Our dogs often have a calming influence on us, but our canines often suffer from crippling anxiety and panic attacks. What can we do to help them get through it?
Signs of panic attacks in dogs and canine panic disorders are difficult to treat because the causes are so variable. Dogs can suffer from sleep deprivation, stress and anxiety disorders due to poor diet, genetics (breed), and poor training – just to name a few. Your dog’s canine panic attacks can be completely situational, and can be different each time. So how does a responsible dog owner limit the frequency and severity of panic attacks in their dogs? What are the dog panic attack symptoms? Why do dogs get panic attacks in the first place? Let’s explore canine panic disorders.
Similar to human panic attacks, there are behavioral cues and signs that precede bouts of anxiety in your dog. Learning the triggers and understanding how to limit/eliminate them from your dog’s daily life is the first and most crucial step to preventing panic attacks. Controlling your dog’s environment can be difficult, but by doing so you can avoid anxiety triggers and help cut down on your dog’s stress.
Panic Attacks in Dogs
What Causes of Panic Attacks in Dogs?
Although most panic attacks are brought on by fear-response triggers – such as loud noises, aggressive behavior or threats of violence – anxiety and stress are also commonly caused by break downs of supportive elements. When a pet is left at home for hours on end, or when walks become less frequent, or if their diet is changed inexplicably, dogs can have negative reactions to changes in their environment. Whether intentional or not, changes in their surroundings or behavioral norms in the household can throw your dog for a loop (and unlike with children, you cannot explain to your dog the rationales behind the change).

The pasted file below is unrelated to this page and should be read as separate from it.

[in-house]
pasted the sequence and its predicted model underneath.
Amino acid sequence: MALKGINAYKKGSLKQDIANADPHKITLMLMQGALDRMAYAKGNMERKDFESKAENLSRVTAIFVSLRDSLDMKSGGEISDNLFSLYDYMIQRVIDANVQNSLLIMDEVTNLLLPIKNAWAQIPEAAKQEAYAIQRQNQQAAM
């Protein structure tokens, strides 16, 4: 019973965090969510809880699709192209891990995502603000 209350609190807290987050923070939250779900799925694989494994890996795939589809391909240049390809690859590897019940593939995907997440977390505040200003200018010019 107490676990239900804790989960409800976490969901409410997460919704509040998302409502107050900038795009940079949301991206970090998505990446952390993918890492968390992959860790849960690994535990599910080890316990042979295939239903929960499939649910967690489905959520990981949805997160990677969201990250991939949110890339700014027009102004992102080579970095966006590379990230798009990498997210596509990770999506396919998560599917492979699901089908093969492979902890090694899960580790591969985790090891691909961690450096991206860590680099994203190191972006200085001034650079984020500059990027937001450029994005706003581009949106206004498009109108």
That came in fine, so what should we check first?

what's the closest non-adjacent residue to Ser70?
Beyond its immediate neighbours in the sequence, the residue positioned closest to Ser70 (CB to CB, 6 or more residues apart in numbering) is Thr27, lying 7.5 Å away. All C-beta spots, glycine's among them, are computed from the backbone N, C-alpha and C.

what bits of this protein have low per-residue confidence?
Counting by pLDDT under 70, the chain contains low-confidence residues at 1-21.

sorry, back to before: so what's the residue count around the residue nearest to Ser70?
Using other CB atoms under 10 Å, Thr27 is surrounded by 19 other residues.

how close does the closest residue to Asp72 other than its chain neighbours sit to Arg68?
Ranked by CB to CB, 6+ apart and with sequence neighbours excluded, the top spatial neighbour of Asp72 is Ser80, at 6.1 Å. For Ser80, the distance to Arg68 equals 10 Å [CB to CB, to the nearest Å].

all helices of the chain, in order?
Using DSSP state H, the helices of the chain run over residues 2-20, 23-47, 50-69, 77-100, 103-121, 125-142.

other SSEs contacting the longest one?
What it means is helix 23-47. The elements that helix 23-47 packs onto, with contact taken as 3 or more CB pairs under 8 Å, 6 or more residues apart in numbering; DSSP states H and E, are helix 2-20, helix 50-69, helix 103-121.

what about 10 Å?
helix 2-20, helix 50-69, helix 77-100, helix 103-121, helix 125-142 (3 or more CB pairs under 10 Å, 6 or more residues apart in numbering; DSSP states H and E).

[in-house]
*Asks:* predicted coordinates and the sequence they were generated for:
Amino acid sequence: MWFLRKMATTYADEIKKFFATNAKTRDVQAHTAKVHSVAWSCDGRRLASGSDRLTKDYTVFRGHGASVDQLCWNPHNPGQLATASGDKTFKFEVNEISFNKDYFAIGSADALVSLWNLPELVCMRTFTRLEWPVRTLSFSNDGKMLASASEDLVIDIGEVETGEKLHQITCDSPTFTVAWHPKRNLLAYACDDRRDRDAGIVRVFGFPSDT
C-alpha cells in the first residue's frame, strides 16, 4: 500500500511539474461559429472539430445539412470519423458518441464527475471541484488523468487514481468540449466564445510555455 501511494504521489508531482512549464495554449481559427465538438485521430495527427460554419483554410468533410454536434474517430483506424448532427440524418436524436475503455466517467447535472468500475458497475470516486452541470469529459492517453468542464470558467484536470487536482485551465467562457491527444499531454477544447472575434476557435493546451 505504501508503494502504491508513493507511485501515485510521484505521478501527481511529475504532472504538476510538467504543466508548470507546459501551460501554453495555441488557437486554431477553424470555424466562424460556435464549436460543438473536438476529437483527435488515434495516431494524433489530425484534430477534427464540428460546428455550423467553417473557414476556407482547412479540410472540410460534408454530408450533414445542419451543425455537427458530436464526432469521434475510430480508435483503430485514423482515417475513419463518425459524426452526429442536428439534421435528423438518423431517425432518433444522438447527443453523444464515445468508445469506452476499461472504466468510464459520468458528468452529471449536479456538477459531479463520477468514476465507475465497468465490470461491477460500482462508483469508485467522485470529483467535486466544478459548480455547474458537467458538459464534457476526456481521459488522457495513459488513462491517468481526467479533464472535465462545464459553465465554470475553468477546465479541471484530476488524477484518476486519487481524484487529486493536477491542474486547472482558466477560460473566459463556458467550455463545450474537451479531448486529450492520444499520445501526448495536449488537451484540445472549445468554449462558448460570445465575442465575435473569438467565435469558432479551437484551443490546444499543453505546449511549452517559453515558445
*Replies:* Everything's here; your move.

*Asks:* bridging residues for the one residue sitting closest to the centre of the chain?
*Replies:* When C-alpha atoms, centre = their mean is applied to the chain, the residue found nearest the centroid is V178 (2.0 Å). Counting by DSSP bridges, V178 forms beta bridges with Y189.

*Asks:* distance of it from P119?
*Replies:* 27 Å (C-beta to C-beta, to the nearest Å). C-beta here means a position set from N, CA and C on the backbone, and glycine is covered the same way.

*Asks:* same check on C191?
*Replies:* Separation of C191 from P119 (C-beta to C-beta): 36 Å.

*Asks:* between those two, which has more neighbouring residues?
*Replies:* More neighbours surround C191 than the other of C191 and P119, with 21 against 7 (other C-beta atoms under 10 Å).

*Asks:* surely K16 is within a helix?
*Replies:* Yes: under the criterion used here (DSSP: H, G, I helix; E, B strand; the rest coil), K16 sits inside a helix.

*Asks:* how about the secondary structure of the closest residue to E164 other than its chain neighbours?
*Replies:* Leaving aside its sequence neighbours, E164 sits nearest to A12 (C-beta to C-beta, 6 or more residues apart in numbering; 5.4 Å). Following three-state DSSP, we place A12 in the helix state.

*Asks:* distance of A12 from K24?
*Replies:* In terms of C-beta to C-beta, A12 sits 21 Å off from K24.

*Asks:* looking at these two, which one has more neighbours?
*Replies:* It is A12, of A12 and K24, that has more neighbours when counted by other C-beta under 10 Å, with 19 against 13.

Panic attack symptoms in dogs are often brought on by the following factors/stimuli:
- New house, renovations, new barriers/fencing
- Change in climate (moved to new area, drastic weather change)
- Loss of familiar surroundings (dog park off limits, change in walking routine, etc.)
- Change in patience, attitude or interaction with owner/family
- New/aggressive training techniques
- New person(s) in household (new roommate, significant other, children, etc)
- Gastrointestinal issues
- Cardiovascular events (blood clots, heart attacks, heart murmur, blood pressure spikes)
- Severe pain (abdomen, joints, spine)
- Separation Anxiety
Panic Attack Symptoms in Dogs:
Panic Attacks are usually noticeable, even downright disruptive (such as a dog chewing up your favorite throw pillows). On the flip side, sometimes their anxieties can manifest in more subtle ways, such as cowering under furniture or losing their appetite over time.
Some signs that your canine is suffering from dog panic attack symptoms:
- Panting, frothing at the mouth
- Incessant licking, biting or scratching
- Erratic behavior (spinning circles, running into people or objects)
- Inability to remain still (constantly moving, running, crawling)
- Shrill barking, yipping or whining
- Collapsing or spasms
- Loss of bodily function (urination, defecation or vomiting)
When Your Dog Hits the "PANIC" Button...